Obama’s Paradoxical Legacy
As we are about to elect a new president, President Obama only has a few months left in office. What will his legacy be? Although it is too early to provide a definitive account, we can at least provide some preliminary thoughts.
On one hand, he has secured several lasting achievements in domestic politics. He had guided legislation to bail out Wall Street and General Motors, averting another Great Depression, although this feat was tarnished by not having any executives prosecuted.
He passed the Affordable Care Act, the most significant overhaul of the U.S. medical system since the passage of Medicare and Medicaid in 1965. But this signature accomplishment led to a Republican-controlled Congress for the rest of presidency that paralyzed passage of any further public policy, including his chance to reshape the Supreme Court with Antonin Scalia’s death.
Finally, he is the first African-American president, a testament to the progress of race relations in this country. And yet race relations appear to be worse now with public protests against the treatment of minorities by our police.
On the other hand, Obama’s foreign policy has been a disaster with the exception of killing Osama bin Laden (it is too early to tell whether opening relations with Cuba and the Iranian nuclear deal are achievements or fiascos). The reset with Russia has renewed a Cold War; the War in Iraq has been replaced with the War with ISIS; relations with Israel have reached a new low in recent memory; Europe is in disarray with its economy, refugees, and Brexit; the pivot to the Pacific has China controlling the South China Sea, the Philippines abandoning America, and North Korea emboldened; the Trans-Pacific Partnership is in jeopardy of passing and the Paris Climate Accords require congressional legislation to be fully implemented.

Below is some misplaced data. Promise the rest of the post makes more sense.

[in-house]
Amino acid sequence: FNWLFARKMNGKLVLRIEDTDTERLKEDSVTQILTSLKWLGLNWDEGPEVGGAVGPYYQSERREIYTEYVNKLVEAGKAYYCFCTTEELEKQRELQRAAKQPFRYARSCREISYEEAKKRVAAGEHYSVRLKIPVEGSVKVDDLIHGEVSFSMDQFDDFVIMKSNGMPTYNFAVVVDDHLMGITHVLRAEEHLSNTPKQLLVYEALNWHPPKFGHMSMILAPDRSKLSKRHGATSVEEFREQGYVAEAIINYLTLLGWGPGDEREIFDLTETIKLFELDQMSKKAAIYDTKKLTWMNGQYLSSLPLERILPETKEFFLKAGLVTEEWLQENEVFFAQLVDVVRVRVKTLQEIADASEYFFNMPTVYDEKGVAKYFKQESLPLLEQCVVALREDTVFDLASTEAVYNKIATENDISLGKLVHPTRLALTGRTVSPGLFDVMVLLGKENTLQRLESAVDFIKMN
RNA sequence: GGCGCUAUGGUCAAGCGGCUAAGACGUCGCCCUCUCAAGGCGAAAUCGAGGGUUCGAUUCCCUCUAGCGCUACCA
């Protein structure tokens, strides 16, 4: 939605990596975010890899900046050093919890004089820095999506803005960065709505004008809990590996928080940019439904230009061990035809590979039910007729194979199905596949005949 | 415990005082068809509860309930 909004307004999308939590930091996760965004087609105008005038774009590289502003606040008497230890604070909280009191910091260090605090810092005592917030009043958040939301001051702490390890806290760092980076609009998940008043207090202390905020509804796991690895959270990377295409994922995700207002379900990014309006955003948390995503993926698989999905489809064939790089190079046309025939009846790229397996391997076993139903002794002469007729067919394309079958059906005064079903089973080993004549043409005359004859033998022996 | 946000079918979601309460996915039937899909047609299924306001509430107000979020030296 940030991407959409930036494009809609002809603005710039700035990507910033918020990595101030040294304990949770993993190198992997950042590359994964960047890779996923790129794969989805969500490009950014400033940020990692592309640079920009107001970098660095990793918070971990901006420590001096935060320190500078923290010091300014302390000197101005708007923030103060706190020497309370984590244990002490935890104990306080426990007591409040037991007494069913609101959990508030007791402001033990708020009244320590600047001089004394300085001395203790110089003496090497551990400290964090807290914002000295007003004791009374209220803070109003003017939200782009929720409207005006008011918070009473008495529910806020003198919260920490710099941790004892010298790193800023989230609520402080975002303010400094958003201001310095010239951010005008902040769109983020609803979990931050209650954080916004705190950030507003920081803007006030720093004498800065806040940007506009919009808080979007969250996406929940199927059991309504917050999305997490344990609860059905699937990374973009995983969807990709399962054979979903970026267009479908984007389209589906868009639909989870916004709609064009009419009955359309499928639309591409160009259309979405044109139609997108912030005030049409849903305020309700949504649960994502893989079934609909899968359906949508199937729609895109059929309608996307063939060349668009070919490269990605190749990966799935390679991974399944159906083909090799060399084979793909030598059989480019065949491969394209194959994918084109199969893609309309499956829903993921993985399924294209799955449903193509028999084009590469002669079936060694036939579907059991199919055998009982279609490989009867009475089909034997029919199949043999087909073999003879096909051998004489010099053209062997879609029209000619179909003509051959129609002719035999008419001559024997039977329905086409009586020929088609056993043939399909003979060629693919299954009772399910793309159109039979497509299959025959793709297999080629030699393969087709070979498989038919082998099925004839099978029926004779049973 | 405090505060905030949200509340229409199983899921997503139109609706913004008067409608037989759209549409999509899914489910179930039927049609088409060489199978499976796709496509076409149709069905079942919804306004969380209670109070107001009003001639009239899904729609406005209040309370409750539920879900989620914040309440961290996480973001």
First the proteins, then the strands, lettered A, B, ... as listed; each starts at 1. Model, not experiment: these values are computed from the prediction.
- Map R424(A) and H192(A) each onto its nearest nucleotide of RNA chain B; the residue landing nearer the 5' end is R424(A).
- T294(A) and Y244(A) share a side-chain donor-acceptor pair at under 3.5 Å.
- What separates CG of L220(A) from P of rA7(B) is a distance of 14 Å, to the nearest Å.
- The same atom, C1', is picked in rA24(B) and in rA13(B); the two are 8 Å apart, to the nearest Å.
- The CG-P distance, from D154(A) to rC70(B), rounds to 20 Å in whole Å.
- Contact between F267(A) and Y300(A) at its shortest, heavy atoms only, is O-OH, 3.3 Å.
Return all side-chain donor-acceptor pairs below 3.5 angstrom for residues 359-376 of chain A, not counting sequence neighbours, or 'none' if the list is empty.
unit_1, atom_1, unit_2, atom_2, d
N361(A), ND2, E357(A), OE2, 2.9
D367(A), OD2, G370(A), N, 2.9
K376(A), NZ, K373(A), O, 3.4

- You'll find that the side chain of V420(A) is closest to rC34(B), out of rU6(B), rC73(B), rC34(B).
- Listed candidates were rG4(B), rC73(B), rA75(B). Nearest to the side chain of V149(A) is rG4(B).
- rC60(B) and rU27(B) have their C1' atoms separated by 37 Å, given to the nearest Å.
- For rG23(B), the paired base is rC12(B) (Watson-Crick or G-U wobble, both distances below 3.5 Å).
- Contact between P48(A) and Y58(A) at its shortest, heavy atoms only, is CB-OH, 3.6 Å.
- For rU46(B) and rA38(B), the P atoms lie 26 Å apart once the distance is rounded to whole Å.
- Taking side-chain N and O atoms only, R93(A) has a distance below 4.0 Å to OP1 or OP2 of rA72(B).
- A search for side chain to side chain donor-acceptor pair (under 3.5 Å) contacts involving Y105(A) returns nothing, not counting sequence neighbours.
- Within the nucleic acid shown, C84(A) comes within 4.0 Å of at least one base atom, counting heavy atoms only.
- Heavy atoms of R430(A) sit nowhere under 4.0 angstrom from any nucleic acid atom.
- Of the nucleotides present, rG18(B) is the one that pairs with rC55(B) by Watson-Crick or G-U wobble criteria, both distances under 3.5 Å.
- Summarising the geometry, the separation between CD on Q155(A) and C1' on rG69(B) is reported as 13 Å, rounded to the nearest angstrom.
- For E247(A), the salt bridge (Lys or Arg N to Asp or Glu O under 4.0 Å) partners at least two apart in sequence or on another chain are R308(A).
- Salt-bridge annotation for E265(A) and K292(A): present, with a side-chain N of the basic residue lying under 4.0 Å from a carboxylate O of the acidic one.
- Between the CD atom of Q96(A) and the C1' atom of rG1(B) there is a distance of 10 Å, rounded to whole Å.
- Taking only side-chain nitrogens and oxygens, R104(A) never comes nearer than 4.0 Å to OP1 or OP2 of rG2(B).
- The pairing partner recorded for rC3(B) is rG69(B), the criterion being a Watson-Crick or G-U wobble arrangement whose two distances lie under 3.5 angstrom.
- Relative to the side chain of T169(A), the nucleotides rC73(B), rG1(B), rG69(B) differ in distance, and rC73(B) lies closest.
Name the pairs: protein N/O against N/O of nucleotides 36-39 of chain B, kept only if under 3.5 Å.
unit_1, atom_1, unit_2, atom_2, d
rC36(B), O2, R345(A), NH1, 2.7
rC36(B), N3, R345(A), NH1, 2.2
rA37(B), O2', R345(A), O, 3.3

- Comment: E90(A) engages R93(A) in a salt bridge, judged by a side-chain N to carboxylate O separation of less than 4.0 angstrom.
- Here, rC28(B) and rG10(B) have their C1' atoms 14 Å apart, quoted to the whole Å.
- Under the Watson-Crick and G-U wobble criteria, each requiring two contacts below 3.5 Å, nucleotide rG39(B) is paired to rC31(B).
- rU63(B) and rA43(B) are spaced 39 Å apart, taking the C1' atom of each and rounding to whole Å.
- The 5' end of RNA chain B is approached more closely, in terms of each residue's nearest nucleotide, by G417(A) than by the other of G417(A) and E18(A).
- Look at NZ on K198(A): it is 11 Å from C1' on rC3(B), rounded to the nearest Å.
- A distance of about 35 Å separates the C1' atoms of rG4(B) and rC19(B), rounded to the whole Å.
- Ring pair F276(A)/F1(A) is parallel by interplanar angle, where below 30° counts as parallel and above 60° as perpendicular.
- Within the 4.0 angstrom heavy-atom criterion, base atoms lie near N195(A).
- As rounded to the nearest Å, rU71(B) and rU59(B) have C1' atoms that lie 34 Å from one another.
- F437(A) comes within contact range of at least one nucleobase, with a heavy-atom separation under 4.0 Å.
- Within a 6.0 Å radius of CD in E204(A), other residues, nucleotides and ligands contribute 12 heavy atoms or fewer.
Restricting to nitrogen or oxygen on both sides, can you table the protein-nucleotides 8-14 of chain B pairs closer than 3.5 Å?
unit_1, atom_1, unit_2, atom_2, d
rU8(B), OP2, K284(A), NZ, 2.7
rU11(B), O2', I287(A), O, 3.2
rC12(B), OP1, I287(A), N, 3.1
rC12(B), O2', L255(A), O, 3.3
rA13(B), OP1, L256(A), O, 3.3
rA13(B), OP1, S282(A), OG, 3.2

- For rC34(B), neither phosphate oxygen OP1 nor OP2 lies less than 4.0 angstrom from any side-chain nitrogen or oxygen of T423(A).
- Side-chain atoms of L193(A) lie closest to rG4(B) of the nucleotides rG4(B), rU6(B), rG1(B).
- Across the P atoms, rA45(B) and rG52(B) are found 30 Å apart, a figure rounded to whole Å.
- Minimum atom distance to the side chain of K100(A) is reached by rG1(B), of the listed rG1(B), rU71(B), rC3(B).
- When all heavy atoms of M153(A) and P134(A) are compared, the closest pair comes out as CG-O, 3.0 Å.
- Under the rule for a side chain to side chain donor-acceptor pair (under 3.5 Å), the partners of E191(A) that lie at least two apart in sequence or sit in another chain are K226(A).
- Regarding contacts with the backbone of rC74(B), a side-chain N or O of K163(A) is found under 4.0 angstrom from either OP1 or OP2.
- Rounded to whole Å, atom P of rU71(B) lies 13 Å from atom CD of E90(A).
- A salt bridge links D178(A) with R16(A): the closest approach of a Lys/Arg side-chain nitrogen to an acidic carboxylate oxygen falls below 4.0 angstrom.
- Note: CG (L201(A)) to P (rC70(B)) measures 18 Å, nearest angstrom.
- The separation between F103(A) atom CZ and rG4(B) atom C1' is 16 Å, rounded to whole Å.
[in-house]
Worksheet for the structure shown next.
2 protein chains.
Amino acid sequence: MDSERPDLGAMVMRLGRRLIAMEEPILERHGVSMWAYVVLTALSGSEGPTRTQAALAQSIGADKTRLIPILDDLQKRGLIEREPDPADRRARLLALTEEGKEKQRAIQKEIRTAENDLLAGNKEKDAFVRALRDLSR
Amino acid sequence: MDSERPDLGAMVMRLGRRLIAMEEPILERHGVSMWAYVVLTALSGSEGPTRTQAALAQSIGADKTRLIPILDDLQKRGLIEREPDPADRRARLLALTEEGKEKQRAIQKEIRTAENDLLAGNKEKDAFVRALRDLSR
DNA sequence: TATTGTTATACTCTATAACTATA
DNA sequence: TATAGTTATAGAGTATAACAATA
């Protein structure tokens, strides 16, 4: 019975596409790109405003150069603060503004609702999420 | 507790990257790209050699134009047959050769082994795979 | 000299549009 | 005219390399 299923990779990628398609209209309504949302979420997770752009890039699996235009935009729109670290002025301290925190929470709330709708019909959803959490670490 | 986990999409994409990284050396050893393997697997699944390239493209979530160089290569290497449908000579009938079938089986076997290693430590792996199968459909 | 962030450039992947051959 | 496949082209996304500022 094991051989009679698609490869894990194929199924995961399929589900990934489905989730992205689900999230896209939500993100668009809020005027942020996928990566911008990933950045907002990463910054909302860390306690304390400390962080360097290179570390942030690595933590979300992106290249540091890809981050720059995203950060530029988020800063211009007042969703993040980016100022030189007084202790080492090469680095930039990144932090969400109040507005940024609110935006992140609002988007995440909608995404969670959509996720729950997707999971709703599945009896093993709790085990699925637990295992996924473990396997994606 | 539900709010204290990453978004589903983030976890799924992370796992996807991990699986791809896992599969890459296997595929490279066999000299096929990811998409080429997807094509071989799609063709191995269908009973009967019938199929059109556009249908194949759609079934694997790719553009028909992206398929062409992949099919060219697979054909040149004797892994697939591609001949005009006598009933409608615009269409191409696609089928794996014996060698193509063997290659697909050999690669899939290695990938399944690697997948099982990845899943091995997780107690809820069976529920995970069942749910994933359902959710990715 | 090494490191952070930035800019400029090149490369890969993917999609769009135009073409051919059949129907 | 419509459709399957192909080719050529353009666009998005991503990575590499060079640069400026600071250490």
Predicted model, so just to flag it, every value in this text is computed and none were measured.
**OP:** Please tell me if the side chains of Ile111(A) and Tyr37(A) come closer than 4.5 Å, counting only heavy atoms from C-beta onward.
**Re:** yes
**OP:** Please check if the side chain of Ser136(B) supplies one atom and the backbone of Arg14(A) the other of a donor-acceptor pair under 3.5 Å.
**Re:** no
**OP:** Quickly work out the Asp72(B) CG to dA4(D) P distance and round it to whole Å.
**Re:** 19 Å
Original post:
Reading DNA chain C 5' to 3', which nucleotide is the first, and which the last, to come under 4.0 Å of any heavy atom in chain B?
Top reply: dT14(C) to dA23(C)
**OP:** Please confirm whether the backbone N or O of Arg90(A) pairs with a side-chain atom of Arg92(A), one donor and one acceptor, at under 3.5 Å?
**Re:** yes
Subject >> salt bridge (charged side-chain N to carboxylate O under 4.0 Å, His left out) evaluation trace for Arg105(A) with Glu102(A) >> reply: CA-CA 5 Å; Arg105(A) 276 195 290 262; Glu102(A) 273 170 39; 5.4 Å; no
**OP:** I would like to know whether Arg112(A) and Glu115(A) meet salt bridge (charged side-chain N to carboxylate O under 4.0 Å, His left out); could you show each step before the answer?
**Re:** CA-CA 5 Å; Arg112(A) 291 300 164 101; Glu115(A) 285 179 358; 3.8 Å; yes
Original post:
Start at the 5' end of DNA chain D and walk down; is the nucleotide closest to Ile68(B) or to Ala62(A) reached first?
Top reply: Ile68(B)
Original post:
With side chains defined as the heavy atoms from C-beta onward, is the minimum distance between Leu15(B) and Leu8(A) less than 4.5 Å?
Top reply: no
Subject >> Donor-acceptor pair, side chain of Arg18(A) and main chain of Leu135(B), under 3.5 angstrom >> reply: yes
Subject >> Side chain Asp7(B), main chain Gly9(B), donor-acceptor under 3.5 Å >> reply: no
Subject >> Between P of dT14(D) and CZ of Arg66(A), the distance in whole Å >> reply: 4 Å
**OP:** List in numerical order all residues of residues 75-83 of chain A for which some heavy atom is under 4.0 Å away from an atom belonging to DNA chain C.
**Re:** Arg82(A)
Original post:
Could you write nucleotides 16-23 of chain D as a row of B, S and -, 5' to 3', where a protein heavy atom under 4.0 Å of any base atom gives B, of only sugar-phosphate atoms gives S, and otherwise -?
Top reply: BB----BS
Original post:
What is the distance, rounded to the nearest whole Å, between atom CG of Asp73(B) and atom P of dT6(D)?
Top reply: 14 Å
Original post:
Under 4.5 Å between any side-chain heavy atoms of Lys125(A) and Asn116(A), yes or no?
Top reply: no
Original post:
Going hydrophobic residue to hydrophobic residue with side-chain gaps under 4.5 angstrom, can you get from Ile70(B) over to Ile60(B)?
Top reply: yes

And yet Obama’s international approval ratings are very high: in the mid-70s to the low-90s in Western Europe; 83% in Canada; 78% in Japan. But at home, his approval ratings range from the low to mid 50s.
Thus, the paradox of his presidency: he has received little credit for his domestic achievements and great credit for his international failures. What accounts for this discrepancy between performance and publicity? And what does this suggest about people and their capacity to understand politics? Is politics today nothing more than marketing and group identification? Does rage and fake outrage matter more than public policy?
Again, I don’t claim to have any answers to these questions, but I do think they are worth exploring not only for their own sake but for the health of our democracy. The paradoxical legacy of Obama and the poisonous presidential campaign to replace him raises questions of what constitutes politics and how should we understand it. These questions need to be addressed first before we join protests to feel good about ourselves or write as keyboard warriors to settle scores, if we desire to have a healthy body politic.
Opinions expressed here are those of the author and do not necessarily reflect the views of Andy Rapp, Q-TV, Delta College, or PBS.